From 1893 Hargrave began the investigations which led him to his second great invention, the box kite. He had begun experiments into the behaviour of curved surfaces for the wings of his flying machines in 1892, inspired by the work of the American engineer Octave Chanute, but had given them up. Now, further research convinced him that cellular or box kites had greater stability and lift than monoplanes. Corresponding with aeronautical experimenters in Europe and the United States of America, Hargrave was fired with the prospect of himself flying in one of his machines and, after a number of trials, on 12 November 1894, lifted himself from the beach at Stanwell Park in a four kite construction, attached to the ground by piano wire. When the first European aircraft were built, they too used Hargrave-type box kites for their supporting surface.
Hargrave had continued to seek an engine that would be light and powerful enough to get his flying machines into the air, keep them there and propel them in a horizontal direction. From February to August 1892 he had doggedly built seventeen steam engines—all unsuccessful. Defeated, both by the lack of engineering skill in Sydney, by a shortage of money and by the solitary nature of his work, he never built a satisfactory engine; nor were his soaring machine or flying boat experiments any more successful. At the end of 1903, when he again turned to work on an engine for his flapping wings, he heard the news of the Wright brothers' flight. Hargrave continued to work on engines and to experiment with the curvature of supporting surfaces in order to produce absolute stability. He became first vice-president of the New South Wales section of the Aerial League of Australia in 1909. But his important work was done.
From the early 1900s Hargrave was writing to institutions in Australia and overseas, offering them his models. Motivated by a desire to have his work recognized and by an understanding of its historical importance, he responded bitterly to the rejection of his gift by Australian institutions which could not, they said, afford to display the models as Hargrave demanded. At the end of 1909, the models were accepted by the Bavarian government for display in the Deutsches Museum at Munich.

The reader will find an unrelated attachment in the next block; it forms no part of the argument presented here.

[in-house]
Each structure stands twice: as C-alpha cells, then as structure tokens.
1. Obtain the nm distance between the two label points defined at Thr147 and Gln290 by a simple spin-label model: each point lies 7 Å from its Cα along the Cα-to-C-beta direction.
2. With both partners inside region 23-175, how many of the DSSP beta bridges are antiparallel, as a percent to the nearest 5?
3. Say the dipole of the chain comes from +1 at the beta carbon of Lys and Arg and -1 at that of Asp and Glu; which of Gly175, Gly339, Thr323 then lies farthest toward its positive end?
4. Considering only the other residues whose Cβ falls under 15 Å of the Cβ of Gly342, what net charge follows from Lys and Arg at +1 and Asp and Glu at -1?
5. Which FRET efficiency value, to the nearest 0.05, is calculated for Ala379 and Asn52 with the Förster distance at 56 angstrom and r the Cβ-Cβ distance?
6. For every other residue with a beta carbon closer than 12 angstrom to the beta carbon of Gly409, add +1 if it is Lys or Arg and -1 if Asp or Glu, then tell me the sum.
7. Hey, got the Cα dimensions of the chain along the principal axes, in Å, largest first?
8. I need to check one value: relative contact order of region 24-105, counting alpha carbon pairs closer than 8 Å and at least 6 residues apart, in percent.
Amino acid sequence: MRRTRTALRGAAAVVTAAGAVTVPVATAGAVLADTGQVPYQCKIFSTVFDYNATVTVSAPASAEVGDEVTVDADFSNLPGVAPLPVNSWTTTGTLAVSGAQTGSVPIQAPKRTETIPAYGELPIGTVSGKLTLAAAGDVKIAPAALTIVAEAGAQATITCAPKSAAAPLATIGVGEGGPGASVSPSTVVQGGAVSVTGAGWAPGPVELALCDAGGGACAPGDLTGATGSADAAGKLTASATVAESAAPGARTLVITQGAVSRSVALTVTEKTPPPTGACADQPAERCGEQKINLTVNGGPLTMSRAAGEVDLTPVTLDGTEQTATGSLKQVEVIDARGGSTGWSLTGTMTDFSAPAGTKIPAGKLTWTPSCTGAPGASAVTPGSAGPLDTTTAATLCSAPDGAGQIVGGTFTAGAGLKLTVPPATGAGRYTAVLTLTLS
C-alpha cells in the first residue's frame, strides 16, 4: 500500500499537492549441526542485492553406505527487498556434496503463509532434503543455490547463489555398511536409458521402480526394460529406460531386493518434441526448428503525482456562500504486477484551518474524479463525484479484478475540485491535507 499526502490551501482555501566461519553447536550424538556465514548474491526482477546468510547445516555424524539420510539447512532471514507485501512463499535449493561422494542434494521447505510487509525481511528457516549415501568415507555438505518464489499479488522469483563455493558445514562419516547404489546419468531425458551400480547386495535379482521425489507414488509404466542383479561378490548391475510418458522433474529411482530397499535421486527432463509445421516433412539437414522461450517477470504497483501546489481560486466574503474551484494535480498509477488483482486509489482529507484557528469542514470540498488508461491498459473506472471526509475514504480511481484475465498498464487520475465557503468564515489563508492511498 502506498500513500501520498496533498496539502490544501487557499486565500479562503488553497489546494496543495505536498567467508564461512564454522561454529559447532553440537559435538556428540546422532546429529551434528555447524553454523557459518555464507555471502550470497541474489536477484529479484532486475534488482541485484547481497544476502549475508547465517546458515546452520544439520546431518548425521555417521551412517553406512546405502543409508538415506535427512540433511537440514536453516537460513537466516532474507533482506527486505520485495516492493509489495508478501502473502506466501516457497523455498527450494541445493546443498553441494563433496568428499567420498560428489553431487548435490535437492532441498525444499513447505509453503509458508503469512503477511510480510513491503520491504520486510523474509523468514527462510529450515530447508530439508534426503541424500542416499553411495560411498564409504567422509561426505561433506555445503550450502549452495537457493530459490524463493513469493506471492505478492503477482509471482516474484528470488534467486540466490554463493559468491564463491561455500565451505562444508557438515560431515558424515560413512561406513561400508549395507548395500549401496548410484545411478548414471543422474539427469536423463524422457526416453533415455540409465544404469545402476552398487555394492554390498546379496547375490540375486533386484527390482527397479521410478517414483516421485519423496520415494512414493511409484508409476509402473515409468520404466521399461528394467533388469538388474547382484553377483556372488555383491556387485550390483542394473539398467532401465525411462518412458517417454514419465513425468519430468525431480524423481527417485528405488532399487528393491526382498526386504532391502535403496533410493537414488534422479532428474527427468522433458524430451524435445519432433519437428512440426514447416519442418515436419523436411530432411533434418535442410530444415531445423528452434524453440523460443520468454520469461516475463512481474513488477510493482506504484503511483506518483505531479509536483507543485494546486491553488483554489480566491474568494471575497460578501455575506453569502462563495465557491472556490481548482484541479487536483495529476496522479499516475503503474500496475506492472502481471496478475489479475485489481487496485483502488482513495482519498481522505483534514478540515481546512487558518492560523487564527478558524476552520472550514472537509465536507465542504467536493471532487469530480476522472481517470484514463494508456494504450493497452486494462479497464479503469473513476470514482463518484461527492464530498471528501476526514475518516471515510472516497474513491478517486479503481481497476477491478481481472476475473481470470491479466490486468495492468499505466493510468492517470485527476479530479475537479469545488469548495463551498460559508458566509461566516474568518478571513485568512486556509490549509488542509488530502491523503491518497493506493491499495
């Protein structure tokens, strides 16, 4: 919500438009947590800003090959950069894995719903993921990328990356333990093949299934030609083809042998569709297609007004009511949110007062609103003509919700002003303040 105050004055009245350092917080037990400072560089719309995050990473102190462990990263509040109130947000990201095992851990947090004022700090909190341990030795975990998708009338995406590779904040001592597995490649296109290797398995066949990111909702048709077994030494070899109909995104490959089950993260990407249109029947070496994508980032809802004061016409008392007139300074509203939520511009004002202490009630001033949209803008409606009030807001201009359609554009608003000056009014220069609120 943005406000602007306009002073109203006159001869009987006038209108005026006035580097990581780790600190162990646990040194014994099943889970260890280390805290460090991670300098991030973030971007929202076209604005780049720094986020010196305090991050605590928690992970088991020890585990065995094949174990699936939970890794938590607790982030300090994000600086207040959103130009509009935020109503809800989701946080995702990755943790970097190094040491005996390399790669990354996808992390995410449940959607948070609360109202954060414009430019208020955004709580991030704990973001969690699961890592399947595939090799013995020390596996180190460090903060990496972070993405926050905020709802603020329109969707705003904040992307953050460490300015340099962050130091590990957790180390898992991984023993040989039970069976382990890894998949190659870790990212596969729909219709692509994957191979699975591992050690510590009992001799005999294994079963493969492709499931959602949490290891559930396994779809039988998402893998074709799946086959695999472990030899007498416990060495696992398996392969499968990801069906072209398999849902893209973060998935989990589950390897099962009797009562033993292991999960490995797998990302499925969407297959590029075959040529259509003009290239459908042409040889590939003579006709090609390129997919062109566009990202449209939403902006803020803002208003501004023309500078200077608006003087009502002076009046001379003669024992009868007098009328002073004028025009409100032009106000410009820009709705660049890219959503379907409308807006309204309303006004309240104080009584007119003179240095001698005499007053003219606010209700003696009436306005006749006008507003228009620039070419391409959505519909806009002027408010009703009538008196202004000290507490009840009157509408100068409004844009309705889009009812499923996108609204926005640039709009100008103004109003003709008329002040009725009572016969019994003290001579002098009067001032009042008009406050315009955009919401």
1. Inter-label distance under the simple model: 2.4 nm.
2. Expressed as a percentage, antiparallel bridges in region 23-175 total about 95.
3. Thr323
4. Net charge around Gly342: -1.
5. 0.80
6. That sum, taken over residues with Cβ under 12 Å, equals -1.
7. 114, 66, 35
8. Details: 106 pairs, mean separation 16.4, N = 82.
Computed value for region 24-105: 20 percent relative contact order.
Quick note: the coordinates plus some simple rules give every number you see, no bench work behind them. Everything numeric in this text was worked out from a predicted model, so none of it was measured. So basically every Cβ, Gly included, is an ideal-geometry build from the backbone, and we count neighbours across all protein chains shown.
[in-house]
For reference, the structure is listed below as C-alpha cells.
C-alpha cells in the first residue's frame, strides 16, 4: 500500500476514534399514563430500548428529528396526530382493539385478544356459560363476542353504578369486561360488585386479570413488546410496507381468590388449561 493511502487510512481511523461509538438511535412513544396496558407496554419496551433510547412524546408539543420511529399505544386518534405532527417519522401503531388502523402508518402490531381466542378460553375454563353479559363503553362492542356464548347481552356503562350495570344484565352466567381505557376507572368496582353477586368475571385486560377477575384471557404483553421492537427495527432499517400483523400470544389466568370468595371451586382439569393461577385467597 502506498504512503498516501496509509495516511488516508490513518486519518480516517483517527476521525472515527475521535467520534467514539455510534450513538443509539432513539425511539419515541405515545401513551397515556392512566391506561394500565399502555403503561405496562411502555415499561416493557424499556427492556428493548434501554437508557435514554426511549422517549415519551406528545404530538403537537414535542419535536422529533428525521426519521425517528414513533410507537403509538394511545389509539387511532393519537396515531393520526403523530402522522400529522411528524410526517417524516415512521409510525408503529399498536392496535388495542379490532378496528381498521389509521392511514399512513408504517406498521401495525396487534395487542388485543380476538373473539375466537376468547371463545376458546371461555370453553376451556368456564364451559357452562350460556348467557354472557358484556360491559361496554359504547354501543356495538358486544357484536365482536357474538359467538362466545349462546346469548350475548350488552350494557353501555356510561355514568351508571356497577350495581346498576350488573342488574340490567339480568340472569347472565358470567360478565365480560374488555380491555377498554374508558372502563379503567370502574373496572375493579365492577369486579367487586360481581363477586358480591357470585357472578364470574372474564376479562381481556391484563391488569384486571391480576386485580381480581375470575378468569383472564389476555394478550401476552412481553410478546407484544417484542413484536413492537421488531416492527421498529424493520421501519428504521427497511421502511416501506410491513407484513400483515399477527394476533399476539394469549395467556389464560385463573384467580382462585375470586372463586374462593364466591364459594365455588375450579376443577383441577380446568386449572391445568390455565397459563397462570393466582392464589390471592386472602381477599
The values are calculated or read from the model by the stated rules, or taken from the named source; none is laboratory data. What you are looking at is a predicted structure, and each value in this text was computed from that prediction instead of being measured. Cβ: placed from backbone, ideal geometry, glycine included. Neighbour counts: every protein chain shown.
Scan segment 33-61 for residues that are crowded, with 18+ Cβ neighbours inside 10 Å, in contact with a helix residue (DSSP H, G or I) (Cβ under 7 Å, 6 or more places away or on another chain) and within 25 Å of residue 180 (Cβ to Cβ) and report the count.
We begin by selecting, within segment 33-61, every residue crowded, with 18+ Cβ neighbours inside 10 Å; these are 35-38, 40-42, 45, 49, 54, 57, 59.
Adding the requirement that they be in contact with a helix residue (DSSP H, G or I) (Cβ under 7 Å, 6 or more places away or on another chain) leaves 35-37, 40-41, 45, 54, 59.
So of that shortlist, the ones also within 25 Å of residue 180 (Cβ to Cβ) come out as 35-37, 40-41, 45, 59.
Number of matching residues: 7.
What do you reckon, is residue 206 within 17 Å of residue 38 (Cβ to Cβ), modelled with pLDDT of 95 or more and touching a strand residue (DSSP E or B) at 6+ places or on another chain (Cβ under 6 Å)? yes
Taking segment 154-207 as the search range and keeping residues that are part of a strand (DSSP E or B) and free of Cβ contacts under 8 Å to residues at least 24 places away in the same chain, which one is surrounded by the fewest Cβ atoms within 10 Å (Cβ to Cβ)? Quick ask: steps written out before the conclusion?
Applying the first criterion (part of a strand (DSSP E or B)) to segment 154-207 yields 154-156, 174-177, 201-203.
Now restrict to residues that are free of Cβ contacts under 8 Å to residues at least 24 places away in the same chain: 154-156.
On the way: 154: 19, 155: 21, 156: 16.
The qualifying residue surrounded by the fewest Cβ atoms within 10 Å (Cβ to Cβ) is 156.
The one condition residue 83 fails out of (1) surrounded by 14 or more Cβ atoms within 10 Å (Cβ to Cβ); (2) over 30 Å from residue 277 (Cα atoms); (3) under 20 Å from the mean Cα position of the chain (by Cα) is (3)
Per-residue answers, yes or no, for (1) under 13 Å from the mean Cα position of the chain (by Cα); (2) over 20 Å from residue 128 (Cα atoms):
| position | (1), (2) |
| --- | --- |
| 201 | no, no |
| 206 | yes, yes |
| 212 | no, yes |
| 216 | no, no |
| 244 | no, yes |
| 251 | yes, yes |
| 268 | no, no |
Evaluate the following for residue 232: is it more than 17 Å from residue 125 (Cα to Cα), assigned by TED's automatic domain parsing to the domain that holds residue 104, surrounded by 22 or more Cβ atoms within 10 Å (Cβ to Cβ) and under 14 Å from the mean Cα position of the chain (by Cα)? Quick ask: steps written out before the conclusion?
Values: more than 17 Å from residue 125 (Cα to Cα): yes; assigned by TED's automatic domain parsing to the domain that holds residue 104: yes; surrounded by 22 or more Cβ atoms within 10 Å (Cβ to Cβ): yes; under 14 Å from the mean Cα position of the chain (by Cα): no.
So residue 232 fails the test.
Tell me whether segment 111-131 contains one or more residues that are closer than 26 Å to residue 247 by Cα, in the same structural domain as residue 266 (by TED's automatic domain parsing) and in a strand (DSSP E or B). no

A man of determined public views, Hargrave wrote many letters to the daily press proclaiming the principles of free competition and survival of the fittest, Darwinian theories of the evolution of species which he believed applied to all aspects of human society. But his strongest arguments were directed against the patenting system. He published all his theoretical work and divulged the results of all his experiments in the Journal and Proceedings of the Royal Society of New South Wales with the deliberate intention of foiling a 'master patent thereby throwing back our work for years'. In 1909 he presented to the Royal Society his elaborately constructed, circumstantial and obsessively held Lope de Vega theory, many years in the forming, that two Spanish ships, the Santa Ysabel and Santa Barbara, had found their way into Sydney Harbour, stayed several years and left in 1600, only to be wrecked on their voyage home.
Hargrave's social Darwinism and his literal engineer's mind refused to entertain the use of flying machines for war. When hostilities began in 1914, he returned the Bavarian award which he had received in recognition of his pioneering aeronautical work and, even before Australia declared war, reported himself for service; he was then almost 65.
On 7 September 1878 Hargrave had married with Presbyterian forms Margaret Preston, daughter of David Johnston, a Sydney shipping clerk; the marriage seems to have been devoid of romance in its beginning and short on pleasure or comradeship. Six children were born, one of whom died in infancy; and their only son Geoffrey was killed in action at Gallipoli in May 1915. Hargrave died on 14 July at Darlinghurst from peritonitis following an operation for appendicitis and was buried in Waverley cemetery. Survived by his wife and four daughters, he left an estate valued for probate at £20,489. Margaret took her youngest daughter and her husband's papers, diaries and journals to England, where she settled.
During his life, Hargrave felt isolated from his surroundings and unrecognized. 'You cannot understand' he wrote to George Augustine Taylor in 1909, 'the bedrock feelings of Sydney people to one who has lived among them for 42 years and yet is not of them'. Today, his surviving models have returned to Sydney (the Museum of Applied Arts and Sciences), his name is commemorated in many places and his 'dark, austerely bearded features' framed by his box-kites, are engraved on every $20 note.
Amirah Inglis, 'Hargrave, Lawrence (1850–1915)', Australian Dictionary of Biography, National Centre of Biography, Australian National University, http://adb.anu.edu.au/biography/hargrave-lawrence-6563/text11287, published first in hardcopy 1983, accessed online 9 December 2016.
This article has been amended since its original publication. View Original
This article was first published in hardcopy in Australian Dictionary of Biography, Volume 9, (MUP), 1983